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Tax rebate checks will flow, but when?

REPORTER FILE PHOTO Assemblyman Fred Thiele Jr.

REPORTER FILE PHOTO | Assemblyman Fred Thiele Jr.

There’s good and bad news for Shelter Islanders about their New York State tax rebate checks, the so-called tax freeze credits that reimburse homeowners for increases in local property taxes on their primary residences.The good news is the town and school district have had their efficiency plans approved by the state, qualifying taxpayers for rebates.

On the bad news side, if you were planning to use the money to buy holiday gifts, don’t count on receiving it in time.

In this second year of a three-year, $1.5 billion program to provide the checks, the state is behind in assessing efficiency plans and has yet to announce when the checks will be in the mail — even for those taxpayers in areas where their plans have been approved.

No information has been forthcoming about how much Islanders can expect to receive.

That word came this week from Assemblyman Fred Thiele Jr. (I-Sag Harbor). He said plans were due from municipalities and school districts by June and were required to be approved by July 31. But the process has been delayed as the state fell behind in reviewing the plans, Mr. Thiele said.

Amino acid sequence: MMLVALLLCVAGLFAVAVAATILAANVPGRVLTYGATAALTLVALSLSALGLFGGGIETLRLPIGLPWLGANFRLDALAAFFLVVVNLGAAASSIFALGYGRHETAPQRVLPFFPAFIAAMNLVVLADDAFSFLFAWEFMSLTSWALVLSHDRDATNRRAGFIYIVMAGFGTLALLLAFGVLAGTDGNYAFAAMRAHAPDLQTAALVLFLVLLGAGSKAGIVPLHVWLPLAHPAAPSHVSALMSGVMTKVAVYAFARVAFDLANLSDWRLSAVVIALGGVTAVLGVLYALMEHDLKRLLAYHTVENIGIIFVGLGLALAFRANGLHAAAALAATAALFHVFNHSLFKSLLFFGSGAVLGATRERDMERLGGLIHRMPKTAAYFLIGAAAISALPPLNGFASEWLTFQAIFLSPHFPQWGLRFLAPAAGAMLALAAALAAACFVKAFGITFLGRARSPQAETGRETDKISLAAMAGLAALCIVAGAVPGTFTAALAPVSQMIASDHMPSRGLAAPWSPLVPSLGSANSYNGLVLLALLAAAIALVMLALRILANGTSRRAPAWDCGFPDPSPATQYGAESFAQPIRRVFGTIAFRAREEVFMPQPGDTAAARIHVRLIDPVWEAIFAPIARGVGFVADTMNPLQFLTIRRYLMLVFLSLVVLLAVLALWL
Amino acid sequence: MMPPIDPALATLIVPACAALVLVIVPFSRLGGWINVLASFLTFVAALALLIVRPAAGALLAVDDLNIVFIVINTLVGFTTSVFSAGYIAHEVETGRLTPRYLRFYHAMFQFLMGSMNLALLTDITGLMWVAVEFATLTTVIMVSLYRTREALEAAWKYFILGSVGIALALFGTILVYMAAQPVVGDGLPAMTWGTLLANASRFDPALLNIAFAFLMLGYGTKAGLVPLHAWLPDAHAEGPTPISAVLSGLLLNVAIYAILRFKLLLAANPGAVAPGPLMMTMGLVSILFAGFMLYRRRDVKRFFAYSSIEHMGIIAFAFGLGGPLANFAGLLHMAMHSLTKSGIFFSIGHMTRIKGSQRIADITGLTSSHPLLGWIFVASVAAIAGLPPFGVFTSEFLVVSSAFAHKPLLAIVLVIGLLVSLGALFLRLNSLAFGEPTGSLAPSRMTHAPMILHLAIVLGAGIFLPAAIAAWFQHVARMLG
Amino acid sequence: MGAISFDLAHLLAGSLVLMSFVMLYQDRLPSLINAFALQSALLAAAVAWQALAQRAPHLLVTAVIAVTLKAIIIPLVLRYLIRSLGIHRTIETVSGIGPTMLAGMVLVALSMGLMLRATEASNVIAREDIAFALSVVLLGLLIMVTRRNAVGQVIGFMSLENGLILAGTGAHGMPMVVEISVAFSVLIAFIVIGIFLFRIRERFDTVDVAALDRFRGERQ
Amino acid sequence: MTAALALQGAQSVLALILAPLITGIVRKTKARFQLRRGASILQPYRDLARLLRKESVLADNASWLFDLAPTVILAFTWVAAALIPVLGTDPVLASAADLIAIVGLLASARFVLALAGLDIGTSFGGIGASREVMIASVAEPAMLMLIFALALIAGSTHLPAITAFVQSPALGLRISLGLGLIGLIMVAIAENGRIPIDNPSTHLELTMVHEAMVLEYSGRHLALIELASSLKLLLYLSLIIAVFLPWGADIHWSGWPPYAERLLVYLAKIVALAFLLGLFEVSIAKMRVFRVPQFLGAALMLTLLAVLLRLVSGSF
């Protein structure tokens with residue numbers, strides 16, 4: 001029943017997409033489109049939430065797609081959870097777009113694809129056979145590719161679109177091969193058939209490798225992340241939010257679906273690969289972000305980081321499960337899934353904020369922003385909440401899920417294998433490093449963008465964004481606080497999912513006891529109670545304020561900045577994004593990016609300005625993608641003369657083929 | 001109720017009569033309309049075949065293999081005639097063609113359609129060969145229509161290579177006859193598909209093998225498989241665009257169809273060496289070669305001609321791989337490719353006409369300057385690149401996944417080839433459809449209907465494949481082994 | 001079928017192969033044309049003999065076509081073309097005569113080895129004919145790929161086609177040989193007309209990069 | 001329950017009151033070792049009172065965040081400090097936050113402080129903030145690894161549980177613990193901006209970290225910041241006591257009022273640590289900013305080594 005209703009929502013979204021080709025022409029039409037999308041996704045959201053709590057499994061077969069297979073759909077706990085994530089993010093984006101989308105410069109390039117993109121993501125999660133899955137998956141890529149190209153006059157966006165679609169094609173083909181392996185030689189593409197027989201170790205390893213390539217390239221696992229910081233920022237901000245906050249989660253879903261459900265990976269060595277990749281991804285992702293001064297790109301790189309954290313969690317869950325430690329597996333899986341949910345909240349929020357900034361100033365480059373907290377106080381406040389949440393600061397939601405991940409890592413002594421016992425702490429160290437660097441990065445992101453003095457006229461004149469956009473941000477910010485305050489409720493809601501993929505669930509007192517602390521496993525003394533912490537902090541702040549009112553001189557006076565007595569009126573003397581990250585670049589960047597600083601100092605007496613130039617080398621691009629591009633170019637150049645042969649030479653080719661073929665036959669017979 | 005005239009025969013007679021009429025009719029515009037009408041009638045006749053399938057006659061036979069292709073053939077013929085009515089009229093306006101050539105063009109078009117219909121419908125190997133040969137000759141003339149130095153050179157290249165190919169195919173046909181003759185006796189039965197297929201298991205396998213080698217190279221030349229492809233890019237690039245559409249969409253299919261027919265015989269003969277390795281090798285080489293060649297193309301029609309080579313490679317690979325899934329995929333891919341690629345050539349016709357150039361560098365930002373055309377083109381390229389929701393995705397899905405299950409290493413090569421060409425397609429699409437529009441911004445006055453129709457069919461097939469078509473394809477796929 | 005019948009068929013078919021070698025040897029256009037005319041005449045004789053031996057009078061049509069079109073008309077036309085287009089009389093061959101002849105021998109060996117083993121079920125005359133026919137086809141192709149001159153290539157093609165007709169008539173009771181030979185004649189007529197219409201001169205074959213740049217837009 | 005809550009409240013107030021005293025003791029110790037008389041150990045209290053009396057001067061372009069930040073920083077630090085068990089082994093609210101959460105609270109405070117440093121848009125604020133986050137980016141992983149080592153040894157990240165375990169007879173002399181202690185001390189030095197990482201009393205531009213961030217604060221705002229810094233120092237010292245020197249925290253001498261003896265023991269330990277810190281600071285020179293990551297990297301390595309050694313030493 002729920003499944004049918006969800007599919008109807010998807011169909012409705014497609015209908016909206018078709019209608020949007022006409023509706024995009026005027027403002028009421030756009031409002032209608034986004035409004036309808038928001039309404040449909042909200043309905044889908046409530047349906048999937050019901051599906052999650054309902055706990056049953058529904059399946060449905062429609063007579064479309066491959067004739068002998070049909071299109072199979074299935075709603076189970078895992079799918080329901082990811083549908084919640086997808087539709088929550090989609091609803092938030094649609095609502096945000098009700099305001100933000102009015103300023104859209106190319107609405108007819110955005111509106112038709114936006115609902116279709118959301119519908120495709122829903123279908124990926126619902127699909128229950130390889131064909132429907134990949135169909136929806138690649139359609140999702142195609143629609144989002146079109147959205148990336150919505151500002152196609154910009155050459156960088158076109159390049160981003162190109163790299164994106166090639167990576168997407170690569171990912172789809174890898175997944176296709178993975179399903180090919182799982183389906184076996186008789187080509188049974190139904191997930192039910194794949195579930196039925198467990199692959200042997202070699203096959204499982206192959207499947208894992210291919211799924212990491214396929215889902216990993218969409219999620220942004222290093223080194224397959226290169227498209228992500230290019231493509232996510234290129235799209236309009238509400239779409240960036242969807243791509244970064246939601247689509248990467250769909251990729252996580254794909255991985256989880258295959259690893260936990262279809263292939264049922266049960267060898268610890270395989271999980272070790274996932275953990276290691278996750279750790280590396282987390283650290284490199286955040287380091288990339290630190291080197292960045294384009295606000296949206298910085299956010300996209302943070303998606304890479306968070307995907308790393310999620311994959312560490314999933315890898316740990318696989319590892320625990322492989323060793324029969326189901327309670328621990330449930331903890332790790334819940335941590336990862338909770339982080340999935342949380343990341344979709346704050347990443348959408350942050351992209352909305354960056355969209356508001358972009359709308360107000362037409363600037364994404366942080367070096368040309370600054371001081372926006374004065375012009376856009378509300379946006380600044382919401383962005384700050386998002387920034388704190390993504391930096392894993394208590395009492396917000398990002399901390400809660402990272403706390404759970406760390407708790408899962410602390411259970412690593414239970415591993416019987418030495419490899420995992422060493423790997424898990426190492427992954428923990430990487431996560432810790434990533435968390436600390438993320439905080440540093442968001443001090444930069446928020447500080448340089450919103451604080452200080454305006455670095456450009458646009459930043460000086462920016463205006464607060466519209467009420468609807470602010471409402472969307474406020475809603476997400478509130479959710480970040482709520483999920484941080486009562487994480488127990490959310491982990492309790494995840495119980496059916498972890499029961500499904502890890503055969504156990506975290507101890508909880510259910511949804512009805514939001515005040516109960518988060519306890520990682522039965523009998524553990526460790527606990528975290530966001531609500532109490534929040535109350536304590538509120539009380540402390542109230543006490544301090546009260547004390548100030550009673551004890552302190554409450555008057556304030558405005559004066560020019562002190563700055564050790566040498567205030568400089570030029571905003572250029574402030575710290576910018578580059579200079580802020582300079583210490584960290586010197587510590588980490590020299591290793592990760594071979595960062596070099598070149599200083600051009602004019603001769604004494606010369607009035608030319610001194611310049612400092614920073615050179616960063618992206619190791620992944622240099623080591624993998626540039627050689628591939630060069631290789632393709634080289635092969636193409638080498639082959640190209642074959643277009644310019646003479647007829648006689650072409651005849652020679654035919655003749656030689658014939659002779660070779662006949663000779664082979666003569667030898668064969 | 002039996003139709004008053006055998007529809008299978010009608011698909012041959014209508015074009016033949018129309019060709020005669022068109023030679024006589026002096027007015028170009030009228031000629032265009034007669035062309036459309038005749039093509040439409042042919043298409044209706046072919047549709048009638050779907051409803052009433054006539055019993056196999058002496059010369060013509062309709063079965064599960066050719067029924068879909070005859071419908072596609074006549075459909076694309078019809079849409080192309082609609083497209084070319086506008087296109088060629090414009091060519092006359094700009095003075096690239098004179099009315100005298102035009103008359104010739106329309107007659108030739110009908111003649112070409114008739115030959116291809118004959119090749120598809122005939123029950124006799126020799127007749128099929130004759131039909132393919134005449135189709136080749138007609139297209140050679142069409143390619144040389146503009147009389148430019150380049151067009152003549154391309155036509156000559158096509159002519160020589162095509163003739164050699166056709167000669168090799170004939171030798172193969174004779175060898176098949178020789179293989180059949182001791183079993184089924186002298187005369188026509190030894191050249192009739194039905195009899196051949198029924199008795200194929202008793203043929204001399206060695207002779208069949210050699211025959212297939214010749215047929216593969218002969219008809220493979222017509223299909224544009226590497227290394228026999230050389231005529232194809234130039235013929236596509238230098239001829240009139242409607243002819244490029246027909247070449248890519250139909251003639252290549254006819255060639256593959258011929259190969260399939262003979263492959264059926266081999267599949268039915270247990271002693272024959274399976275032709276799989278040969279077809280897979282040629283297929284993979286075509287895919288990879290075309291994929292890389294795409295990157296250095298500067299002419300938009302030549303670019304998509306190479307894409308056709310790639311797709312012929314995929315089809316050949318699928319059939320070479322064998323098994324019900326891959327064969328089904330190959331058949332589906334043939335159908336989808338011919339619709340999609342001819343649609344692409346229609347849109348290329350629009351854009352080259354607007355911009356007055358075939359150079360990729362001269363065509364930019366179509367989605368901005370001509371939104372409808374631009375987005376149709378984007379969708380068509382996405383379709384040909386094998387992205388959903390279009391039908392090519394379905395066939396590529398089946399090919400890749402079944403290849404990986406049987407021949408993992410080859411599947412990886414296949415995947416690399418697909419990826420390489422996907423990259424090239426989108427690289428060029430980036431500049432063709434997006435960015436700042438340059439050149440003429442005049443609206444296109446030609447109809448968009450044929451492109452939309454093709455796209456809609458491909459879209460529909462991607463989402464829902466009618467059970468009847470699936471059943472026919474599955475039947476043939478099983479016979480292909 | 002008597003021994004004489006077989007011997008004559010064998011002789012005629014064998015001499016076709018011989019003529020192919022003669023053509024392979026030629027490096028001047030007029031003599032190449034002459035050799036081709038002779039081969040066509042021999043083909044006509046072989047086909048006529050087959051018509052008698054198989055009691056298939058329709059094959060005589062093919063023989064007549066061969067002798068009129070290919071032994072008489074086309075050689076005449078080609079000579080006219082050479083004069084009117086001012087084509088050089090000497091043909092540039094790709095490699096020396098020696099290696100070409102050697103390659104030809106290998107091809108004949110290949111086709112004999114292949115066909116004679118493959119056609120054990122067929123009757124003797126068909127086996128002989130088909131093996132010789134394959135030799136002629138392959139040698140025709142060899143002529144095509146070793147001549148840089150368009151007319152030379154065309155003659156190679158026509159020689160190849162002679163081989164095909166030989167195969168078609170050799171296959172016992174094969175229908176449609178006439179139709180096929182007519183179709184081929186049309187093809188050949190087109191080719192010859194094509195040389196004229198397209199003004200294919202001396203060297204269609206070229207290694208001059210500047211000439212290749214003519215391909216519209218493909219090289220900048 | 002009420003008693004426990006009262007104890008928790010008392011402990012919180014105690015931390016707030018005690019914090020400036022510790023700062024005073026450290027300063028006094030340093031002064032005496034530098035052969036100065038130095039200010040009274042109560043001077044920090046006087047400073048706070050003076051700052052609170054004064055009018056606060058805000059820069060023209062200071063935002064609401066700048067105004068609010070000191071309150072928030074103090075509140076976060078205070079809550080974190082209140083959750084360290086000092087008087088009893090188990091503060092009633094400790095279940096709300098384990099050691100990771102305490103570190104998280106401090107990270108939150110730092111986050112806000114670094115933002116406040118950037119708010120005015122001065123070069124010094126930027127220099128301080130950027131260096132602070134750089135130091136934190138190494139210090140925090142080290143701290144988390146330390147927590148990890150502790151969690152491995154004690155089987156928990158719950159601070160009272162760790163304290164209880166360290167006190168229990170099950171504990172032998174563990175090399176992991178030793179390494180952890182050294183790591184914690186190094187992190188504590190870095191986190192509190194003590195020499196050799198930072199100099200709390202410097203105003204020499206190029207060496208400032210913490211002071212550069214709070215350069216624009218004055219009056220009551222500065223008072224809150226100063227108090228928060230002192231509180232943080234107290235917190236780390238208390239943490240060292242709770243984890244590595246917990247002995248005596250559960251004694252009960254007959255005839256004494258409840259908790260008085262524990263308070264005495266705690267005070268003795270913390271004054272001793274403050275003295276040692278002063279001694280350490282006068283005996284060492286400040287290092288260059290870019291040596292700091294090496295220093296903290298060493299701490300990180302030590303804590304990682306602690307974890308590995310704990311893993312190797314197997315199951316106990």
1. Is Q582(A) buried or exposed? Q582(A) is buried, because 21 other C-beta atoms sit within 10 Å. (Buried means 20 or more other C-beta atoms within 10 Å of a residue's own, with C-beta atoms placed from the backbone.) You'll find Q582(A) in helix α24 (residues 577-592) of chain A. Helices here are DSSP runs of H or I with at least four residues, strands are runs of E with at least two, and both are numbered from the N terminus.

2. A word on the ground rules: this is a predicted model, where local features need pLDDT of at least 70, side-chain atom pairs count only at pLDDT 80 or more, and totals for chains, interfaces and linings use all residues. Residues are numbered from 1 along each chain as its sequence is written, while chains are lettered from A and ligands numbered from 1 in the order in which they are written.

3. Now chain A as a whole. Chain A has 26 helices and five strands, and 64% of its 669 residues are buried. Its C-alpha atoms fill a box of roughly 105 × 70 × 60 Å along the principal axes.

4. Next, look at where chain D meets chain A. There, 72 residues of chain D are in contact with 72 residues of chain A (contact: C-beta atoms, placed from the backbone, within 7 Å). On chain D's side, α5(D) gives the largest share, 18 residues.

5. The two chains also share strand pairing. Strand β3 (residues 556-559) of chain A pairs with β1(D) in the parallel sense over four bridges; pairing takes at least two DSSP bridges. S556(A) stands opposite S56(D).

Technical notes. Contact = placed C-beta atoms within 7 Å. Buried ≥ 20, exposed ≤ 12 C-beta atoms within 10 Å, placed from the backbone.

The aim of the program has been to encourage school districts and local governments to share more services. Last year, the two shared a social worker for which both contributed.

That proved to cause some conflicts and has been resolved by the town hiring its own part-time social worker who begins this fall to work closely with the school social worker.

But the town and school district have combined forces this year on an after-school recreational program for students in grades two through five.

The efficiency plans drawn up by both were required to show that they would save at least 1 percent each year on the tax levy — the amount of taxes collected each year.

The state has reported that assessments show that savings initiatives more than doubled that 1 percent target.

In the first year of the program in 2014, 2.8 million checks went out to homeowners whose school districts stayed under the state-mandated 2 percent tax cap.

The Shelter Island School District has successfully stayed within the tax cap since it was imposed in 2011.

But Superintendent Leonard Skuggevik has warned that it would be a challenge to avoid piercing the tax cap when the Board of Education begins budgeting for the 2016-17 school term.

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